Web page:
- A grant to the University of California at San Diego's Medical School flowed through uninterrupted, even though last summer, a recreational fencing coach there was investigated for sexual assault. (If an individual is under investigation, does that mean the entire organization should be treated as though it's under investigation? Best err on the side of caution!)
- Money's still going to the University of California at San Francisco, even though a seat belt-less shuttle bus led to the death of a professor last summer.
- And protesters who claim they were wrongly treated at the University of California-Berkeley are suing the school, which is still receiving money from Komen. Shall I go on?
And Komen's supposedly high minded (and patently false) claim that they won't give grants to organizations that are under investigation of course doesn't apply to money flowing into the organization.
- They get money from Quilted Northern, which is owned by the Koch Brothers, who have gotten in trouble with doing secret business with Iran.
- They've got a big hard on for Bank of America, Public Enemy Number 1 when it comes to fucking over the American consumer in all colors of the rainbow (especially pink!).
- Just a couple of months ago big Komen supporter Merck was forced to pay almost $1 billion to settle charges that it illegally marketed the drug Vioxx.
- Another big Komen donor is 3M which just was forced to pay $3 million to settle an age discrimination suit.
- Pink pimper Oracle was investigated last summer for violating antibribery laws while doing business in Africa.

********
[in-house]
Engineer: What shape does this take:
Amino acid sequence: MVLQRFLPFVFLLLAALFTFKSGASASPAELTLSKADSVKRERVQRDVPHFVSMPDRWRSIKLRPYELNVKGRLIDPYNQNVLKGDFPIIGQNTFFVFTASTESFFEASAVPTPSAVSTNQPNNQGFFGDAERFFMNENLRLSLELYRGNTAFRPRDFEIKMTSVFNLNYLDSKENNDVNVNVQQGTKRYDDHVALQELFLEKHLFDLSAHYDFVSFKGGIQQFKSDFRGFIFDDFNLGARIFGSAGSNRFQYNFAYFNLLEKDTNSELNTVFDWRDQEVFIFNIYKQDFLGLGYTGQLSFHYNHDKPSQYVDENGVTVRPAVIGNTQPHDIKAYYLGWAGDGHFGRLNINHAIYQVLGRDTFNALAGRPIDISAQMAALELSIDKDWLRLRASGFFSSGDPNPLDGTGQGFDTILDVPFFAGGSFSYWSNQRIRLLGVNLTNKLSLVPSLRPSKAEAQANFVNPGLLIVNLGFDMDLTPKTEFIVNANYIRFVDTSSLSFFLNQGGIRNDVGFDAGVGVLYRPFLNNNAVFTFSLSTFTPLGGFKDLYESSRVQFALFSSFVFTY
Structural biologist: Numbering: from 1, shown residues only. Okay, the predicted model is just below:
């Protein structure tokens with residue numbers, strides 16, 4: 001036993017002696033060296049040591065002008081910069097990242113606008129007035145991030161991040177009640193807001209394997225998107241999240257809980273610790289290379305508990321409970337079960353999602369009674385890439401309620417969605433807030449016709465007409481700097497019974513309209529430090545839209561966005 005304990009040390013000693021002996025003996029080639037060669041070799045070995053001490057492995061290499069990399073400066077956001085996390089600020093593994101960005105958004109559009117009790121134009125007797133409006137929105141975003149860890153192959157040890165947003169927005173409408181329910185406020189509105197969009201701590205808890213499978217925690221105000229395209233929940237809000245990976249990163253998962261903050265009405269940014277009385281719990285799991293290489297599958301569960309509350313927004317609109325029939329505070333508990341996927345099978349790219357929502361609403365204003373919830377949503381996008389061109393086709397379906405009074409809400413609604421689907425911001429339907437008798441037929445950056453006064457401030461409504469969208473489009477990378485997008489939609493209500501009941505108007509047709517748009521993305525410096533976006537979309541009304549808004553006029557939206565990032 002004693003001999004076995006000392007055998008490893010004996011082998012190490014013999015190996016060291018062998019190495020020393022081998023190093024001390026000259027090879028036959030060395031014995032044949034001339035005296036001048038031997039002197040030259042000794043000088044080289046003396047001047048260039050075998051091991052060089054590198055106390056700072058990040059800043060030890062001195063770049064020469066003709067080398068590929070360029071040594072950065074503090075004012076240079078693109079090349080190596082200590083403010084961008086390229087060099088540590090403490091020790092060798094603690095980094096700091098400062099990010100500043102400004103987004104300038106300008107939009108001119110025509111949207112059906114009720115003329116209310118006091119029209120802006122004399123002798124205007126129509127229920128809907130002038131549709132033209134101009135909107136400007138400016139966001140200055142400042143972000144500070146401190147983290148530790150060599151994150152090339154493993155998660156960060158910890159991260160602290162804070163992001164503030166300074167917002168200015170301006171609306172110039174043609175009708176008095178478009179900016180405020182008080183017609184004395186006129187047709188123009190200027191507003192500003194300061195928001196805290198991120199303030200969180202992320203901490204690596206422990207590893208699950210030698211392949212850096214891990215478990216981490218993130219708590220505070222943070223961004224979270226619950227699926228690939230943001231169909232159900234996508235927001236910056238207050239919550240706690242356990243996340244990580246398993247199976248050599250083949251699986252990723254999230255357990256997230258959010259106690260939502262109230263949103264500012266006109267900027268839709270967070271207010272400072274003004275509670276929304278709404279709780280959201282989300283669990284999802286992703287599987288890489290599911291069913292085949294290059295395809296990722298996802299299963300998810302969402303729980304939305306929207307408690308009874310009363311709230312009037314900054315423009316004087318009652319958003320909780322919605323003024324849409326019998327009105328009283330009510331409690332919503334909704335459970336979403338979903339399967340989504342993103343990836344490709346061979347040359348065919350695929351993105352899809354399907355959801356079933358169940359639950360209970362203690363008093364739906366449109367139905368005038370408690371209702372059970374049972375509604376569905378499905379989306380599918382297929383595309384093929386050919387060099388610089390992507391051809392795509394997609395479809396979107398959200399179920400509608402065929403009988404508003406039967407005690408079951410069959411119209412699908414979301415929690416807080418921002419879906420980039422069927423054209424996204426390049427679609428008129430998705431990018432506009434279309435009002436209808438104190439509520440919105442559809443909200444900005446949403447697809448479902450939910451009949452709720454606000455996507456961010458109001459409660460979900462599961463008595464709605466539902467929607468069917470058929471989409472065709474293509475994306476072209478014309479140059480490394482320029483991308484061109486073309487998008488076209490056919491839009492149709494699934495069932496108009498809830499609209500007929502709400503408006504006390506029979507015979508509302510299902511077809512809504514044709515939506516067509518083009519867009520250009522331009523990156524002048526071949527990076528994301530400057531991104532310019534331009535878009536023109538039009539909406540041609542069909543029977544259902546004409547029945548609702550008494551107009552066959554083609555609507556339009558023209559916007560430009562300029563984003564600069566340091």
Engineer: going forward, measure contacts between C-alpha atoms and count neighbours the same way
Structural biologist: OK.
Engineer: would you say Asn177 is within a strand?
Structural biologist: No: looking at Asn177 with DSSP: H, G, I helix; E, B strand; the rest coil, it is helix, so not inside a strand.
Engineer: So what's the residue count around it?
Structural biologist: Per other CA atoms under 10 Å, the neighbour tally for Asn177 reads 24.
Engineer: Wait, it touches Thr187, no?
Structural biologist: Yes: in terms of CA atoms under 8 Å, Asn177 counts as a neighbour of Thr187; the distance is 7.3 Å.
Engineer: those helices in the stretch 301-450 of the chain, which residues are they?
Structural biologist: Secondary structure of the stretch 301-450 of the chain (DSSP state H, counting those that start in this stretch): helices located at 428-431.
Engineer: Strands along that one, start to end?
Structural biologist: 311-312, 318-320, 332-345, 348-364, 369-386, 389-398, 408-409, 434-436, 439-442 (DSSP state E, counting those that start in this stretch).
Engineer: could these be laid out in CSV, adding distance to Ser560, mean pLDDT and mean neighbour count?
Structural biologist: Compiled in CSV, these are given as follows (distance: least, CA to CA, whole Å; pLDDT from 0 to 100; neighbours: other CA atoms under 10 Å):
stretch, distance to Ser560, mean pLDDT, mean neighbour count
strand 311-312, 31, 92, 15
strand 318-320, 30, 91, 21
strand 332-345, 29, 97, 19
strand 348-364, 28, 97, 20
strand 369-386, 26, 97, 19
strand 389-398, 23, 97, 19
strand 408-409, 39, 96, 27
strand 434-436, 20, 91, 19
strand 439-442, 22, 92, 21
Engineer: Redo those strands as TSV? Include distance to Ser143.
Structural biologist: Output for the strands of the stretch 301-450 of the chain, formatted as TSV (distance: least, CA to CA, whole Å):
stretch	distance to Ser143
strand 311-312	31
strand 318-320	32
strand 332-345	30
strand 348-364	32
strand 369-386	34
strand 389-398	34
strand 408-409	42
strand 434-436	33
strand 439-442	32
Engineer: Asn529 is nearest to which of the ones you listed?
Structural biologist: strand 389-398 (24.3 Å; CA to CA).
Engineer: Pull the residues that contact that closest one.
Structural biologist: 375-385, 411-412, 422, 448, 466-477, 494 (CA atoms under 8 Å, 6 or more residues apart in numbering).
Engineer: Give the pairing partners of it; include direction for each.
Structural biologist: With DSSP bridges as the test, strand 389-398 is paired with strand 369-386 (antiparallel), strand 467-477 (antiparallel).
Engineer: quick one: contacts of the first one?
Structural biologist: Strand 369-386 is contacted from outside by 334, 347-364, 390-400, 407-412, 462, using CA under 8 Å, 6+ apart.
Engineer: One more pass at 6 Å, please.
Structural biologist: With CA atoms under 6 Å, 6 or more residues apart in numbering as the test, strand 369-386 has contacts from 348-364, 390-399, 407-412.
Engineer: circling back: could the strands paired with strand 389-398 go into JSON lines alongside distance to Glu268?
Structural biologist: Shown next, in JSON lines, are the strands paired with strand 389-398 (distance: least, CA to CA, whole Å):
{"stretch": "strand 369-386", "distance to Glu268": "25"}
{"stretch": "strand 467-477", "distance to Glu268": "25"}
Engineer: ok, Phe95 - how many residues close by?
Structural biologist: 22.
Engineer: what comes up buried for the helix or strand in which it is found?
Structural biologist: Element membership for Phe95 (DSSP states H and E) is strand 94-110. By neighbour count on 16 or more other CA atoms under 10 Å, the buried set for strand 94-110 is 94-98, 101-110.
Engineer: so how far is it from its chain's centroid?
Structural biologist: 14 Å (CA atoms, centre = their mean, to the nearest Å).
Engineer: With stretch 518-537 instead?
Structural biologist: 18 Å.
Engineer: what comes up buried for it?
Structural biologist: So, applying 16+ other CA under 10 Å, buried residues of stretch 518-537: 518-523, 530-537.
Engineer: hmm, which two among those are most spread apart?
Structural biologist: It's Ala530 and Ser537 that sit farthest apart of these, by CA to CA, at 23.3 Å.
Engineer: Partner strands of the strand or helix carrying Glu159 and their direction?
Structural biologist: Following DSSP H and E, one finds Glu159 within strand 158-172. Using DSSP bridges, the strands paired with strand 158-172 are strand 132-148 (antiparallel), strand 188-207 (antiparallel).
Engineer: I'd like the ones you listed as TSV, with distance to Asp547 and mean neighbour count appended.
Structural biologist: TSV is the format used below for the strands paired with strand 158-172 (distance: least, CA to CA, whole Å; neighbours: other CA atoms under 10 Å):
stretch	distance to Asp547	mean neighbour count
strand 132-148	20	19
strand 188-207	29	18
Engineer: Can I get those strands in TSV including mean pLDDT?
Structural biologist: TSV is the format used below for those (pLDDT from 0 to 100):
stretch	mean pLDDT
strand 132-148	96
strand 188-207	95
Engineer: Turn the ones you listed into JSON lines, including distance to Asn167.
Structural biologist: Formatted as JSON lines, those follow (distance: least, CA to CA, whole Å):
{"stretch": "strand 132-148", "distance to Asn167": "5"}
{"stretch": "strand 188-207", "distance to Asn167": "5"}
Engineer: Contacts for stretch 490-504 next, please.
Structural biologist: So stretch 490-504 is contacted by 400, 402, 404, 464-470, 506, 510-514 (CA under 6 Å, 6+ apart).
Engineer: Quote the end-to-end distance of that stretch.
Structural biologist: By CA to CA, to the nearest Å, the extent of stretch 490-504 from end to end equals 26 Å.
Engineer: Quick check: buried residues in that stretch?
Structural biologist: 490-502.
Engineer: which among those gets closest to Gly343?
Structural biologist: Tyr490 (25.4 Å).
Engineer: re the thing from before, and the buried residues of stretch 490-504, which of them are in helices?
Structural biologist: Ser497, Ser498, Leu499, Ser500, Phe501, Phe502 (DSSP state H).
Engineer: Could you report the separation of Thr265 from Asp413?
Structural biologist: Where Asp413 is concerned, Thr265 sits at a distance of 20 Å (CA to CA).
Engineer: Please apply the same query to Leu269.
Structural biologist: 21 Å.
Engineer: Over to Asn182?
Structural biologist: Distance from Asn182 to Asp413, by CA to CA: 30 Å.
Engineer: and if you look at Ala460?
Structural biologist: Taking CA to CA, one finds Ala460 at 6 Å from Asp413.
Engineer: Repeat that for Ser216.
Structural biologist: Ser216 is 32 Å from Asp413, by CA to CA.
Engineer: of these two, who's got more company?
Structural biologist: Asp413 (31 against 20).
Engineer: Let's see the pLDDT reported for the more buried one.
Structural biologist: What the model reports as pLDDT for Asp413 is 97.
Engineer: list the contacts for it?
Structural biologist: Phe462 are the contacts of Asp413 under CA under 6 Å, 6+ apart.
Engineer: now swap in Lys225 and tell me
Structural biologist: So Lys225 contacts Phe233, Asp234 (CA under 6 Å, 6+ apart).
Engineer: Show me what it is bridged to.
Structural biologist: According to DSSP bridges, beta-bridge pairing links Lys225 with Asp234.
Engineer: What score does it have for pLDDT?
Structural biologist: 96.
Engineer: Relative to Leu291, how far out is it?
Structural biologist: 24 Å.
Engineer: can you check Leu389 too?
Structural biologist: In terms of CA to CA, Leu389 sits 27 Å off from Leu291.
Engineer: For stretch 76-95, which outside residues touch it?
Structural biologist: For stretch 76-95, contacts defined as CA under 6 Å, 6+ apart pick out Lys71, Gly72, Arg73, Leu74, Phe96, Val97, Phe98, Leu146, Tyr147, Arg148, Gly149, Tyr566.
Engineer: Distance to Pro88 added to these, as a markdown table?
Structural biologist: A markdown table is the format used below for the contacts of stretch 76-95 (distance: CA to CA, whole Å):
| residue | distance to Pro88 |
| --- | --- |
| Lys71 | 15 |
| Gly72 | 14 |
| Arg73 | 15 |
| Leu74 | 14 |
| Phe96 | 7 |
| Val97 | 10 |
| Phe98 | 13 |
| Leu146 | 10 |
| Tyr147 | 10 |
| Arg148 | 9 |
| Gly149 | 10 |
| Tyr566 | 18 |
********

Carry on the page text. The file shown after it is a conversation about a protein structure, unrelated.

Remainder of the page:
- Just a couple of weeks ago, Federal safety regulators began investigating claims that Komen corporate buddy KitchenAid was making dishwashers that light stuff on fire.
Komen also gladly accepts money given by Ford, American Airlines, Key Bank, and Microsoft — all of which were recently under investigation. Talk about inconsistent principles.
And yet, Nancy Brinker continues her confusing damage control tour as though it will be a piece of cake to convince a skeptical public that Susan G. Komen For the Cure is not completely full of it, when it's clear that not only did they defund Planned Parenthood because of Karen Handel's rabidly anti-Planned Parenthood agenda, but they also lied about it, twice. They lied when they said that they cut Planned Parenthood out because of a rule— because they don't follow that rule in any case but the case of Planned Parenthood. And they didn't stop funding Planned Parenthood because of "streamlining," because they should have foreseen that the public backlash at the family planning provider's defunding would have resulted in untenable backlash. The conservative leadership of Susan G. Komen for the Cure severely underestimated their supporters— just because they're women who are fine with decking themselves out in pink feather boas doesn't mean they're stupid and gullible.
Maybe it would be best, for the time being, for Nancy Brinker and the rest of the Komen leadership to shut up, regroup, and speak publicly again when they've got their story straight.